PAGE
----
Remember that road surface being tested in the Netherlands that acted as a giant solar panel converting solar energy into electricity? Well, guess what? It actually worked.
Six months into the test, the engineers say they've generated 3,000kwH of power from the 70-meter bike path test track. That's enough power to run a one-person household for a year, and more than expected of the project, according to SolaRoad, the company behind the experiment.
Data centers are heavy users of electricity, and SolaRoad's better-than-expected electricity generation will be interesting news for those designing data centers.
SolaRoad's road surface acts as a huge photovoltaic panel. Practical applications thought of thus far include street lighting, traffic systems, and electric vehicles.
Designers are keen on the idea of developing a system where electricity could be passed onto vehicles as they drive down the road, for example.
Glass and concrete construction
The project uses standard, off-the-shelf solar panels that the engineers have placed between layers of glass, silicon rubber, and concrete.
Those concrete modules consist of 2.5-by-3.5-meter slabs capped with 10-millimeter thick tempered glass. Crystalline silicon solar panels are located between the glass and concrete.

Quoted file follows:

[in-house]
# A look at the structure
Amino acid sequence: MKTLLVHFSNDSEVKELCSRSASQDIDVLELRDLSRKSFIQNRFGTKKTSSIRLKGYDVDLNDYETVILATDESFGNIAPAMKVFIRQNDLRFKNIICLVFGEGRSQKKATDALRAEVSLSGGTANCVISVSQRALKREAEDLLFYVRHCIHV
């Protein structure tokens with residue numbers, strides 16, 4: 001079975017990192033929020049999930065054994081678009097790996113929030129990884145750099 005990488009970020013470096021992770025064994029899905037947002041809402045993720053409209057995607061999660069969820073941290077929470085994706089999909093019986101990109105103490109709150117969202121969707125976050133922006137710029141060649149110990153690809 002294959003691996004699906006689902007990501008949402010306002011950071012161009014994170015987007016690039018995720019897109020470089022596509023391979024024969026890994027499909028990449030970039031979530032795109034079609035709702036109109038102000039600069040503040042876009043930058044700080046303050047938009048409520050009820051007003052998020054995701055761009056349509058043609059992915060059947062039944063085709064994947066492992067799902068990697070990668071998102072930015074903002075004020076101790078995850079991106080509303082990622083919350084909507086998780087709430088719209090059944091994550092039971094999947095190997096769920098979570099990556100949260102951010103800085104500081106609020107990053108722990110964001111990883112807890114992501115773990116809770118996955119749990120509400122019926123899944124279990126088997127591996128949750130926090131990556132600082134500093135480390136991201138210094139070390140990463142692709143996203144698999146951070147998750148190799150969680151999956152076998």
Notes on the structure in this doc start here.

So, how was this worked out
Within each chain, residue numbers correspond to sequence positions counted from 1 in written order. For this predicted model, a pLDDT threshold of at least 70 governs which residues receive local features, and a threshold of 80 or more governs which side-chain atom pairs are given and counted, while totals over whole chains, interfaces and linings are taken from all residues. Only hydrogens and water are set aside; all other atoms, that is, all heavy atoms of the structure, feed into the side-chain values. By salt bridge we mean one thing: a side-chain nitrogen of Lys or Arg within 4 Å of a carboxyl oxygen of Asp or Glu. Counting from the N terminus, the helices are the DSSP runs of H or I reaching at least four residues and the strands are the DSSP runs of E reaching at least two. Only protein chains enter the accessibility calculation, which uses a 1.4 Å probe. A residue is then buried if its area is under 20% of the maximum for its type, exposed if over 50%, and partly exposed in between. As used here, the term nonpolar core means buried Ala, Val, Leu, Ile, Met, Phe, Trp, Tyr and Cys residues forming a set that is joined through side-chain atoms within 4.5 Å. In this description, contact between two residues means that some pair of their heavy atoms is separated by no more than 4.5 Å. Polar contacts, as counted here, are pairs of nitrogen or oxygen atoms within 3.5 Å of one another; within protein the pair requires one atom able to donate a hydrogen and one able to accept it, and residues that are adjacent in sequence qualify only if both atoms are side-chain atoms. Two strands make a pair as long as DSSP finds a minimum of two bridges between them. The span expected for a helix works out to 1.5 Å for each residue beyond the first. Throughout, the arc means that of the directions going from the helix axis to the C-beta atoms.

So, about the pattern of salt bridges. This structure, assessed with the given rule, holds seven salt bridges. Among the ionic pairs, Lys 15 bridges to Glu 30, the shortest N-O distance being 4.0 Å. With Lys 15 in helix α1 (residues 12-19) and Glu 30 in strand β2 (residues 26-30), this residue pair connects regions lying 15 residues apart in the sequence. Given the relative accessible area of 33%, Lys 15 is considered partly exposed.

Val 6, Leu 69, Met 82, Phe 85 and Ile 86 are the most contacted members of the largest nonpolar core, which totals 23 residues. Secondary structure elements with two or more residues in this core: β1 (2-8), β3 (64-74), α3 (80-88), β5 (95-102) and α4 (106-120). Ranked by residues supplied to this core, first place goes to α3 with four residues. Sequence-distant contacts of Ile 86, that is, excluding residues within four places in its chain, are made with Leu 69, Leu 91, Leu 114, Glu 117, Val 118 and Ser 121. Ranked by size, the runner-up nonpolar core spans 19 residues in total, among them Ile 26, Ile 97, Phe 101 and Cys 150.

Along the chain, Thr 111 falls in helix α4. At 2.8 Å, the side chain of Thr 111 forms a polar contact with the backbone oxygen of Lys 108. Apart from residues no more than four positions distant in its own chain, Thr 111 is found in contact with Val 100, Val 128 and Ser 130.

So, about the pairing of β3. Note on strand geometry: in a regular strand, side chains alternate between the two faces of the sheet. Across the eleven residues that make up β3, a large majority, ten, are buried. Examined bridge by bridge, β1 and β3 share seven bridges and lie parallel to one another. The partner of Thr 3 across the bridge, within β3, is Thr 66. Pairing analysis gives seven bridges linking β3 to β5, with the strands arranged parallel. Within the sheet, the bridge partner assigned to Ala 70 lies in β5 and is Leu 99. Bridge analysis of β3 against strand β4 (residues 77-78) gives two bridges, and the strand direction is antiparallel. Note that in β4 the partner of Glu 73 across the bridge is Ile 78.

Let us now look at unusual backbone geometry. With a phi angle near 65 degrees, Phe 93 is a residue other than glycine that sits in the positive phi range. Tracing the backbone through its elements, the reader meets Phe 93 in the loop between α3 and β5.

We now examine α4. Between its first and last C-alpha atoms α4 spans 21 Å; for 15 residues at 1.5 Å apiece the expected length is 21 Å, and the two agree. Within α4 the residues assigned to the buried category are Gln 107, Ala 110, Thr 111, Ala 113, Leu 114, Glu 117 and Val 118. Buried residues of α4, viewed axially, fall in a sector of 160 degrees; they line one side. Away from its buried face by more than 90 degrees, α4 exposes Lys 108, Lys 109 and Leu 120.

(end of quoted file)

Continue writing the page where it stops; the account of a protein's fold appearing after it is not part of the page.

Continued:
The researchers are delighted that the project worked, in part because of the technical challenges. The top layer had to absorb sunlight, unlike normal blacktop. But it also had to be long-term skid-resistant for the bicycle tires, unlike what you'd get with shiny glass.
It had to repel dirt in order to keep the sun shining in, but could not break even if a service truck drove on it. Glass is obviously dangerous and could injure someone if it broke.
The skid resistance was addressed with a coating for the glass
In a 2,543-comment Reddit debate over the news of the successful test, Reddit user Imposterpill sarcastically comments: "I have an idea…why don't we put solar cells on our roofs?"
Good point. Why roads, one might ask? What's wrong with roofs?
Well, the engineers have an answer for that comedian:
Total electricity consumption in the Netherlands is around 110,000 GWh, and that keeps going up. That number, taking into account the small size of the country and the limited number of roofs available, means that even if all suitable roofs were equipped with solar panels, they would only supply a quarter of Dutch power consumption.
The same limits might apply in a data center. One day data center designers may want to look at surrounding infrastructure for panel placement. In other words, the roadway.
Surprisingly, the wise-crackers at Reddit haven't posed the question - what happens when there's a traffic jam? The cars on the road will surely block the sunlight and reduce yield. Well, the engineers do acknowledge that as a potential problem, and they say that they are looking into it as part of the pilot study.
Another Reddit user suggests placing the solar panels over the road instead of on it. However, in true Reddit-user logic, BloodBride disagrees and says:
"Solar panels OVER the road increase the amount of drunk people throwing traffic cones up there. Traffic cones ON a road invariably just get stolen, worn as hats and taken home."
And that's problem solving.
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